Le Sang des bêtes
A certain wistful, silly, “romantic” notion dispelled.
The horse, the cow, calves, sheep, slaughtered and butchered professionally “at the gates of Paris”.
A sure foundation for some of Herzog’s ironies.
“L’Héautontimorouménos” for an epigraph.
Hôtel des Invalides
Where the gravely wounded go, after France’s wars.
Franju has very little of this, owing to necessity.
He takes a tour of the Army Museum, from suits of armor to World War I, casualty numbers there.
St.-Louis-des-Invalides, where the soldiers pray.
Their children singing as they depart.
La Première Nuit
L’amour à dix ans, “et la séparation.”
Jacob’s ladder, an escalator in the Métro.
Two trains that pass in the night, score by Georges Delerue.
La tête contre les murs
A Dantean view of mental illness. Dr. Valmont’s psychiatric hospital is a living hell, Dr. Emery has all three levels in his.
But the punchline is from Kafka, especially as analyzed by Welles in The Trial.
And so much for the problems of maladjusted youth, with a hundred endings possible and only one indicated.
Striking score by Maurice Jarre.
Les Yeux sans Visage
A metaphor of the Occupation.
The roots of Les Yeux sans Visage are in Hollywood and fairly evident. The opening scene pays homage to Aldrich’s Kiss Me Deadly, and also prepares Dr. Génessier’s lecture on heterografting by radiation and exsanguination.
The doctor is taken from a Robert McKimson cartoon featuring Bugs Bunny (Hot Cross Bunny), which drew him from a Three Stooges short directed by Edward Bernds (A Bird in the Head). There is probably an earlier avatar.
The second most striking thing about Franju is the bariolage of his style. Delicate night photography, day exteriors like Henri Cartier-Bressons and André Kertészs projected on the screen, occur amidst straightforward dramatics in all manner of styles, from Dreyer to Welles. This gives him great flexibility, like a boxer’s stance. Each shot is unmodulated, states itself, and hies to the next one.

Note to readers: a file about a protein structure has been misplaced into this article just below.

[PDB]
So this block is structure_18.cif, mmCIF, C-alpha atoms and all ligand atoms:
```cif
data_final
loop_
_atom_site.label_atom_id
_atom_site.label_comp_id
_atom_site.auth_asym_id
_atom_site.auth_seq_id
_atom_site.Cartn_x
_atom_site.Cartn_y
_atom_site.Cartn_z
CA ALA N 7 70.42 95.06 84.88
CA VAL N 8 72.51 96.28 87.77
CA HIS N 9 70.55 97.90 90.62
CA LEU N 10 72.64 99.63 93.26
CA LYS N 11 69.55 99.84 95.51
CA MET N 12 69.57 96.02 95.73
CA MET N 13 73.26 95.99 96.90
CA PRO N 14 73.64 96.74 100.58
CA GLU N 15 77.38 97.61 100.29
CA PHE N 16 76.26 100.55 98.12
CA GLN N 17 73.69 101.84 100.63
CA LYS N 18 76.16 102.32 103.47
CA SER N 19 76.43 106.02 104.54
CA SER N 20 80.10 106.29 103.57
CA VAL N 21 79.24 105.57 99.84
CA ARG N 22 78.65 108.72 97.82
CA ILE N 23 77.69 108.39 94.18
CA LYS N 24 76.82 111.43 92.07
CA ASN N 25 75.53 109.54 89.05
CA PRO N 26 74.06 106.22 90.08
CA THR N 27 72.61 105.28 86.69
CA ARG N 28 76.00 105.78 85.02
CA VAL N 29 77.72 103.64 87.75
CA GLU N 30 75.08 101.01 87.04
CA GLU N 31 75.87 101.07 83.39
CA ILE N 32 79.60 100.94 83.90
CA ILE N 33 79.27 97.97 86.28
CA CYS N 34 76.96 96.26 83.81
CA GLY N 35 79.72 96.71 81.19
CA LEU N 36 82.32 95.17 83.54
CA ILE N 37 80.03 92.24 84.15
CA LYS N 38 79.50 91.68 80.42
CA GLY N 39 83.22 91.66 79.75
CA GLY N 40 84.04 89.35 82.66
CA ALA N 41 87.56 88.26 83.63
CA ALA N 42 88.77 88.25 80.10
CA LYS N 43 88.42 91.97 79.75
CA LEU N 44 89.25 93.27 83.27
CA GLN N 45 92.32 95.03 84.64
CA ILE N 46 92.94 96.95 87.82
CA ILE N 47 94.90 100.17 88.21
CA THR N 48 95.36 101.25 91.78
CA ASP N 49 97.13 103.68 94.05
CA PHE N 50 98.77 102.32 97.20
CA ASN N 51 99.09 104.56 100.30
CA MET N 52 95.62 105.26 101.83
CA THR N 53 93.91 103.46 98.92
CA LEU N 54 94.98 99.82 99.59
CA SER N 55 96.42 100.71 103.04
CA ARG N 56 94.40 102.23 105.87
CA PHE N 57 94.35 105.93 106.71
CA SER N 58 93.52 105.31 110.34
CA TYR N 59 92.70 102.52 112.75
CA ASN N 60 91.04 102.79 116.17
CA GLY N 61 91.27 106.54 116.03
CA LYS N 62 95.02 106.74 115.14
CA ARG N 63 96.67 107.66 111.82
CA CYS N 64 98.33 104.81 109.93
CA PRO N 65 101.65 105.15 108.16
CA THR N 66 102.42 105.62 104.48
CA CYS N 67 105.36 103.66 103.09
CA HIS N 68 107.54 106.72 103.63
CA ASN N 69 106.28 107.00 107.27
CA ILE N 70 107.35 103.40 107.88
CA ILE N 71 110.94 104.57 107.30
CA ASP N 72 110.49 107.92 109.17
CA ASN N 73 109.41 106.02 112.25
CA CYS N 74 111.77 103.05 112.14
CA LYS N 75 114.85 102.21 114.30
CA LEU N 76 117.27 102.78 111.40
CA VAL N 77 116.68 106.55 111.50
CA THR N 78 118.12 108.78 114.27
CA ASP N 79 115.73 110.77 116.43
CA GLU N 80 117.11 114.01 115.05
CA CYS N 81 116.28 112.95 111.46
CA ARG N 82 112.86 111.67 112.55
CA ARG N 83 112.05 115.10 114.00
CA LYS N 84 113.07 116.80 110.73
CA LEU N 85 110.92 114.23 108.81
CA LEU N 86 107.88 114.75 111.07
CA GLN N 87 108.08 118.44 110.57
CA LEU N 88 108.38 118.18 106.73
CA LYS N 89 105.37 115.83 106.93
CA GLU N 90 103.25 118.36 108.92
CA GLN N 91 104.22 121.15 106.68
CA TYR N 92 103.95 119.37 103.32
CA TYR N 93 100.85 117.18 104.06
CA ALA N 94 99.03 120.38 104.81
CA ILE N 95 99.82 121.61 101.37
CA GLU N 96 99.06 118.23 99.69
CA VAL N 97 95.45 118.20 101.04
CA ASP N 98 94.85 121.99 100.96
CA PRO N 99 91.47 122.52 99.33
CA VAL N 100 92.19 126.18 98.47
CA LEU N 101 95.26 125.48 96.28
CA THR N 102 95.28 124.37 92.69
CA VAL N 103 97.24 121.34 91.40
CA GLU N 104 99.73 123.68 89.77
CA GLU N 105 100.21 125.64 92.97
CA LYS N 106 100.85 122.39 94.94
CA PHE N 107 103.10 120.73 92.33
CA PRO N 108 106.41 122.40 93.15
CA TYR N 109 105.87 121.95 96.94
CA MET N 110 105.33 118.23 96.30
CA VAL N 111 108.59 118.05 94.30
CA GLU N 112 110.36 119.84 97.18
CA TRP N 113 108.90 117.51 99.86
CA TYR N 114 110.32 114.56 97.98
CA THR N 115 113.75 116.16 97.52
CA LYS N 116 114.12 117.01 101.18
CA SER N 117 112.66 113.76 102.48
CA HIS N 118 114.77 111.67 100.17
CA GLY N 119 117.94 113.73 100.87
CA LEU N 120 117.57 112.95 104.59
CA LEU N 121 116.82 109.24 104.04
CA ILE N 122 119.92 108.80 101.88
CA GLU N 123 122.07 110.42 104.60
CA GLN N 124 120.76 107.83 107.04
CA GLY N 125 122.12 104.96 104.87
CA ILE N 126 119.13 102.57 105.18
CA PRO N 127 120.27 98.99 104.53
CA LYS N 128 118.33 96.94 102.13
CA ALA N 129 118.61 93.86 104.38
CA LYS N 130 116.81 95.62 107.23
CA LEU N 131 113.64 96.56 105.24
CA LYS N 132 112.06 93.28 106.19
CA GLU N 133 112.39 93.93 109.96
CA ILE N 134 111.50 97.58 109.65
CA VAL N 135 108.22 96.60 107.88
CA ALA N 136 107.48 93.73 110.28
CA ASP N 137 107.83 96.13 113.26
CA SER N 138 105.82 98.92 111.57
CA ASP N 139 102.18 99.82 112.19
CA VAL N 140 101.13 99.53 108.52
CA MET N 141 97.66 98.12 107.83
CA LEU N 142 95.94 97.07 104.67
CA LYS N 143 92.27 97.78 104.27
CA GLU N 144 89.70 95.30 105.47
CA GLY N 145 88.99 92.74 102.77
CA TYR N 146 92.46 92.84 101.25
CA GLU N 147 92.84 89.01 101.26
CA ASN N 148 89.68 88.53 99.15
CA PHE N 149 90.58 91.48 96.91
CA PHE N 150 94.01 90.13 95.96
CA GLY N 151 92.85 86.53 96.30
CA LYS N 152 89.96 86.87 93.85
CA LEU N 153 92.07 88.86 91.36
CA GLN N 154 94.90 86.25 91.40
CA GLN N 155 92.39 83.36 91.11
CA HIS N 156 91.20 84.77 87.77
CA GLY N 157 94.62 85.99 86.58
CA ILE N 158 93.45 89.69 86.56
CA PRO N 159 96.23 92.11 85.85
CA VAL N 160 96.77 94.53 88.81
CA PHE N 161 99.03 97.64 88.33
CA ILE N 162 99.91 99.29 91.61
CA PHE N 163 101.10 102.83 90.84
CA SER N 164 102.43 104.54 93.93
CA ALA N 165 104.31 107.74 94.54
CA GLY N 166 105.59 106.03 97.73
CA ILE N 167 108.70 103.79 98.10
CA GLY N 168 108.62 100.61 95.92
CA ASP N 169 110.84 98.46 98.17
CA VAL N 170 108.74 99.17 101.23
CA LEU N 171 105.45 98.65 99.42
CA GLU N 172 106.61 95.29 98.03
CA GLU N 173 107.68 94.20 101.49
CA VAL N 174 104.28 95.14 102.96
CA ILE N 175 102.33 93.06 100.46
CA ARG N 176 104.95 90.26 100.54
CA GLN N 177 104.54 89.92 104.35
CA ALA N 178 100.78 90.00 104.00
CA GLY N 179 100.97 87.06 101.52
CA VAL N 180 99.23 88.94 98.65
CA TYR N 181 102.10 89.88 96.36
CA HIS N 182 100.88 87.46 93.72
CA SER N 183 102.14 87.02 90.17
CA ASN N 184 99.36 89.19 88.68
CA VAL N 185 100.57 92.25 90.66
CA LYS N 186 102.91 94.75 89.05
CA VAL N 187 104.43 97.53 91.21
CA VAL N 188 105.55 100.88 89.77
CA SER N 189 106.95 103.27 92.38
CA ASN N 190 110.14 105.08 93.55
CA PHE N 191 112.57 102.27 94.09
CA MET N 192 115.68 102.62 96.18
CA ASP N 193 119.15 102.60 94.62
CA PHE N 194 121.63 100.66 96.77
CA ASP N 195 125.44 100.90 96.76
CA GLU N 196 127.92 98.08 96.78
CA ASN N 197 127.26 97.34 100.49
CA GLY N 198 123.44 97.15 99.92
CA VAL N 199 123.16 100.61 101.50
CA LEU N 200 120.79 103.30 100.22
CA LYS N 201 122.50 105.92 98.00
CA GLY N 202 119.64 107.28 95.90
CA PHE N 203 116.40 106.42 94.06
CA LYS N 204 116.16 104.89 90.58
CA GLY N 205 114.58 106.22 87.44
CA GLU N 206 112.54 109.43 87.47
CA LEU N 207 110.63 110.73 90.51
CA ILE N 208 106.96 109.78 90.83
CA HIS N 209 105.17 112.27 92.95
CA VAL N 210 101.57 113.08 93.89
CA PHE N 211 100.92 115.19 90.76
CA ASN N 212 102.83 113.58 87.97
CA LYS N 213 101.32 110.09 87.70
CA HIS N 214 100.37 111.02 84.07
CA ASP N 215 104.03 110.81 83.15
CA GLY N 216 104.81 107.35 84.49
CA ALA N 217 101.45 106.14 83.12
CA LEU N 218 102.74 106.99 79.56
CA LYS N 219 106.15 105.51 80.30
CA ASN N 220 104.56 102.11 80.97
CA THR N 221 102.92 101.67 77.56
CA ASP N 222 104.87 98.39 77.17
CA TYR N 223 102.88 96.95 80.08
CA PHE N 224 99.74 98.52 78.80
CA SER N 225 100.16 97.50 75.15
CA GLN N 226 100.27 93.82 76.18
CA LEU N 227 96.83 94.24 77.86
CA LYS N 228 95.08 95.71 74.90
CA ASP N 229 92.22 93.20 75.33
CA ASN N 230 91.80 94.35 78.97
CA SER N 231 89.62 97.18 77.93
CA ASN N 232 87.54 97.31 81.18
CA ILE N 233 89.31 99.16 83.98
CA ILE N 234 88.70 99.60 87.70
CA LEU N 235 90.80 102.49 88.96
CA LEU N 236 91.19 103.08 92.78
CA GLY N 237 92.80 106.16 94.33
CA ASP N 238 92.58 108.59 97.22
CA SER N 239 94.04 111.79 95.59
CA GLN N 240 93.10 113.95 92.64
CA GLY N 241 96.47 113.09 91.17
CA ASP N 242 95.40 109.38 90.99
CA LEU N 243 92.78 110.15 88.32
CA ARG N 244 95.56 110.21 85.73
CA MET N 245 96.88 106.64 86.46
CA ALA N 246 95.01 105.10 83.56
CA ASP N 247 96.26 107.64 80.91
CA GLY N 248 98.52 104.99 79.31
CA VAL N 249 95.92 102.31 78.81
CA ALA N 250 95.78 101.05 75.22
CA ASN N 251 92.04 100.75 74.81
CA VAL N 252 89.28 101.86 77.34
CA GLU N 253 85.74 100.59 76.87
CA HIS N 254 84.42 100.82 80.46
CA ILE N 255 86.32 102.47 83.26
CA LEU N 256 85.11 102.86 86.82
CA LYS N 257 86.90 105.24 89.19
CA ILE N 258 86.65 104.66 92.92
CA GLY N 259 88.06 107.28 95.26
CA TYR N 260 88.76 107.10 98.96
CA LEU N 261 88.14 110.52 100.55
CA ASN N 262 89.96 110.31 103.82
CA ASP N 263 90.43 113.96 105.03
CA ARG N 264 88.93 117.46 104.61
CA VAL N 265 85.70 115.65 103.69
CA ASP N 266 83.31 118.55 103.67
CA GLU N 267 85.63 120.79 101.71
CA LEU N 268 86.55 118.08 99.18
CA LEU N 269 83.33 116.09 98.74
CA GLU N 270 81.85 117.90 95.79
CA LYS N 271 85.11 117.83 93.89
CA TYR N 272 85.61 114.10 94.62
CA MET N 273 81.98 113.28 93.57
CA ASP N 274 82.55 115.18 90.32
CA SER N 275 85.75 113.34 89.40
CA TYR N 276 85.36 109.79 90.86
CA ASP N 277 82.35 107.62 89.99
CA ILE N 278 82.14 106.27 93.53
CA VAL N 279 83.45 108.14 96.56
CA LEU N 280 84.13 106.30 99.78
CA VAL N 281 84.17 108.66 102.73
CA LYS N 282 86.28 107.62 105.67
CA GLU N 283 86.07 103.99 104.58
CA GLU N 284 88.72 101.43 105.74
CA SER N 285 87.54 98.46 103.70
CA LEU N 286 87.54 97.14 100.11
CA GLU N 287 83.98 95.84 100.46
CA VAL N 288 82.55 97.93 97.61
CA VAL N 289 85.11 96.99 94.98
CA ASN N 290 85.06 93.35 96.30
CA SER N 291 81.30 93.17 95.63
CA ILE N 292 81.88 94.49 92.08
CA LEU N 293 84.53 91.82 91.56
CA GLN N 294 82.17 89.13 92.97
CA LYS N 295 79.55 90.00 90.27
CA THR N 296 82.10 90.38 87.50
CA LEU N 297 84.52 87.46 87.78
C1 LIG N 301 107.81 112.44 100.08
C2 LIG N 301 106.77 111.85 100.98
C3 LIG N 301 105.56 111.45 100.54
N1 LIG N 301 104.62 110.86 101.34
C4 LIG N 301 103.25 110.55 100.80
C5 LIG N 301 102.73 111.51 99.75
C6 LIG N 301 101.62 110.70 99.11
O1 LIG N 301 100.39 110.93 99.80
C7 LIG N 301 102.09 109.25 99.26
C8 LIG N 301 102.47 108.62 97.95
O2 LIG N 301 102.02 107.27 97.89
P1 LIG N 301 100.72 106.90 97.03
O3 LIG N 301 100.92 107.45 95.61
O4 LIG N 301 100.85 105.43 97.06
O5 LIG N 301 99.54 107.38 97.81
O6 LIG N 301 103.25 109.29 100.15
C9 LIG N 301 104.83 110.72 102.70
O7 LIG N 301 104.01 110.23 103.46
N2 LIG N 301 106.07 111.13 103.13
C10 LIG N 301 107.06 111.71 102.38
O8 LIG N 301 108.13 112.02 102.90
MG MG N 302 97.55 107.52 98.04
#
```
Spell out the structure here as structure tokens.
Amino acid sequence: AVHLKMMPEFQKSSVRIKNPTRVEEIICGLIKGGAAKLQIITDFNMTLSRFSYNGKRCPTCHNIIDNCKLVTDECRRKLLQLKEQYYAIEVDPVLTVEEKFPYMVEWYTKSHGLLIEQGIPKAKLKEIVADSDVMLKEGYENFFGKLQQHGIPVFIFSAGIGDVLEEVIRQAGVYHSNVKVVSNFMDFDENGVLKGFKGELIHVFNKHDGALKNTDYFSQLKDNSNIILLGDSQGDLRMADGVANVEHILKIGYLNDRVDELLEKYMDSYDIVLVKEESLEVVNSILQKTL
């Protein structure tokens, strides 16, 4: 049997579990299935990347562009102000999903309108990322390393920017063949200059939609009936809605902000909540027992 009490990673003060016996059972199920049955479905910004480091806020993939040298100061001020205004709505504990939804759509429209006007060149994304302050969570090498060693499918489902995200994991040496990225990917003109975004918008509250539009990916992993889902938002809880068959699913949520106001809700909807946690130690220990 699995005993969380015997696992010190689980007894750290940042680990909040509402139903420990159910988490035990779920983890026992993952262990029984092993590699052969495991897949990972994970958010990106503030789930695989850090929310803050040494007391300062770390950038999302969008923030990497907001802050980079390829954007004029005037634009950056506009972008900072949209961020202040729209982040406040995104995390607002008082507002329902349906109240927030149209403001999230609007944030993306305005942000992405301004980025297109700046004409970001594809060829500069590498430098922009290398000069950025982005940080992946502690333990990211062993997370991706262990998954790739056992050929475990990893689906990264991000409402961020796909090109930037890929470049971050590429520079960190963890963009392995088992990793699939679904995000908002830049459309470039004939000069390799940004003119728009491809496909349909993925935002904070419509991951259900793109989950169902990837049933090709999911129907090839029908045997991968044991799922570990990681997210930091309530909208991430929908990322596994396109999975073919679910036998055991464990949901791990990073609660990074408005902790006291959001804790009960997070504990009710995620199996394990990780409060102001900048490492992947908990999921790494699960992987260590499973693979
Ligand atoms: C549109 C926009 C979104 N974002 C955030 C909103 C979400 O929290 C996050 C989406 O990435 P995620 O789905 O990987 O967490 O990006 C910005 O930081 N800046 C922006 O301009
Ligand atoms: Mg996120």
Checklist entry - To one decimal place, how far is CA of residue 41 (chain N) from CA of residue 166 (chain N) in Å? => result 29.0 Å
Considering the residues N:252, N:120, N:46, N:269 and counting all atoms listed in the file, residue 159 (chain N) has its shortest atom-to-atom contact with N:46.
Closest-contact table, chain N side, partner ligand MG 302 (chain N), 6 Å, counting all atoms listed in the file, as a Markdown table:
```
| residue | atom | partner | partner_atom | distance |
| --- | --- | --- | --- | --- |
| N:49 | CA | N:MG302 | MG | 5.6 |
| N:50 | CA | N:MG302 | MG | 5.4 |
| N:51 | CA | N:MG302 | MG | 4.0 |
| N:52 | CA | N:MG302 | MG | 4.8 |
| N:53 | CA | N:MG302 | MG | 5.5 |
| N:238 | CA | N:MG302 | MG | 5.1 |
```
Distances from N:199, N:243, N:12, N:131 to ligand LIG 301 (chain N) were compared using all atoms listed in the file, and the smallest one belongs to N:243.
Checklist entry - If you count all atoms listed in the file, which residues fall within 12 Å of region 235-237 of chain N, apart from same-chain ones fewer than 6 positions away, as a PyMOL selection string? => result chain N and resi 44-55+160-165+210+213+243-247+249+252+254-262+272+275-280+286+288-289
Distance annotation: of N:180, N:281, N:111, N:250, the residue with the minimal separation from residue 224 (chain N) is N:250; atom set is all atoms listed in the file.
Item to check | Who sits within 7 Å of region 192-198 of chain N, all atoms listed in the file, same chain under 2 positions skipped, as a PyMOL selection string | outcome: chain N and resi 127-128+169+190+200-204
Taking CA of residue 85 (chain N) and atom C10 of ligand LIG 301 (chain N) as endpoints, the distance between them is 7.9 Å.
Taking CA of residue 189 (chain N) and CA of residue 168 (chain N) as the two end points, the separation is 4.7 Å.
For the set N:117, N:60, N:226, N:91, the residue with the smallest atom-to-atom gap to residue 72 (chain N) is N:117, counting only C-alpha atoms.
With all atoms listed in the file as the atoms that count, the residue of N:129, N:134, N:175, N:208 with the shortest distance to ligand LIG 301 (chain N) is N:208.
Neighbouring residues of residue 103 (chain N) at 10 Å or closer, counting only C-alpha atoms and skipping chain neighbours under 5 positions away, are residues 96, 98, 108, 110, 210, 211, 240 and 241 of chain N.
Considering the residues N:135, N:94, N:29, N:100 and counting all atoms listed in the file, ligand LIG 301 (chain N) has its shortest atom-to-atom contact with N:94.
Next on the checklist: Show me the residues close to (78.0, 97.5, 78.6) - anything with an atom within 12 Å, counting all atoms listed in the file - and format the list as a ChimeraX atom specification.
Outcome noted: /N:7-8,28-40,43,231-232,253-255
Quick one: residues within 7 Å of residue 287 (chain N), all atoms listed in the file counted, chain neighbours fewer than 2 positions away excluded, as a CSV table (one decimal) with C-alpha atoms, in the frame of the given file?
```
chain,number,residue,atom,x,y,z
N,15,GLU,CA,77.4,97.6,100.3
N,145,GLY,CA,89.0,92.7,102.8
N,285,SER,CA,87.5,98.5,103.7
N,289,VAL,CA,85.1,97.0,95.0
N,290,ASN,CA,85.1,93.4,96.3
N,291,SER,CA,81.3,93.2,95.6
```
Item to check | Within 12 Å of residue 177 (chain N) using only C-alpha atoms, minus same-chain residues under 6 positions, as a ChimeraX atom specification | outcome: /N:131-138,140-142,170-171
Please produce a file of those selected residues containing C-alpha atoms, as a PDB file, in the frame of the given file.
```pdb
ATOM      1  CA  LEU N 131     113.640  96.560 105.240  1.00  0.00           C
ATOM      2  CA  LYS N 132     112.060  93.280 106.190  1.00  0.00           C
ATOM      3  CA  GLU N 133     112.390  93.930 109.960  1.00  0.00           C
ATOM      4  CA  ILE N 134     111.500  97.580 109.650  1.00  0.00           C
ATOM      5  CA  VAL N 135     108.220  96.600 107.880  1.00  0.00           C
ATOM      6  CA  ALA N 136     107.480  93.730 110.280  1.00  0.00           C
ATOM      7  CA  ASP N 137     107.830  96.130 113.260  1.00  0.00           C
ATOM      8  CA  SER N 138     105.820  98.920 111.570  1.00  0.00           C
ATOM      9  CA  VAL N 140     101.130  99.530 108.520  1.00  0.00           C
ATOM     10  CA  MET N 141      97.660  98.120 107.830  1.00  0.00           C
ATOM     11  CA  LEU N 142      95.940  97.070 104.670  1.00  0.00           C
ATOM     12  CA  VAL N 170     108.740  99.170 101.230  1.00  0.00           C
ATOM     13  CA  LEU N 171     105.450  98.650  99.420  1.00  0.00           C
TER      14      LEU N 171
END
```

Dr. Génessier has disfigured his daughter in a car wreck, and now kidnaps girls to supply her with a replacement face. She wears a pretty mask without coloration, and Maurice Jarre has a very pretty waltz to accompany her walk down the corridor, looking like the model for Mia Farrow in Rosemary’s Baby. Pondering her condition, she looks up at a bland painting of a woman with doves, an empty and superficial painting.
Meanwhile, Franju gives you incomparable views of Paris and environs, just a setup and a few hundred frames, that’s it. A very novelistic treatment of description, without moving the camera, even. Very informative.
Nothing vague about him, he pounces on his moment. When the first girl is chloroformed, he records her last look at consciousness. The bland portrait is prepared by having a good one in the background of another scene.
The doctor’s dogs are kenneled in two rows of ironwork cages, forming a shot like the galley of The Magic Christian. The surgery was certainly the inspiration of Larry Peerce’s Ash Wednesday, with the face besieged by hemostats like Gulliver in Lilliput.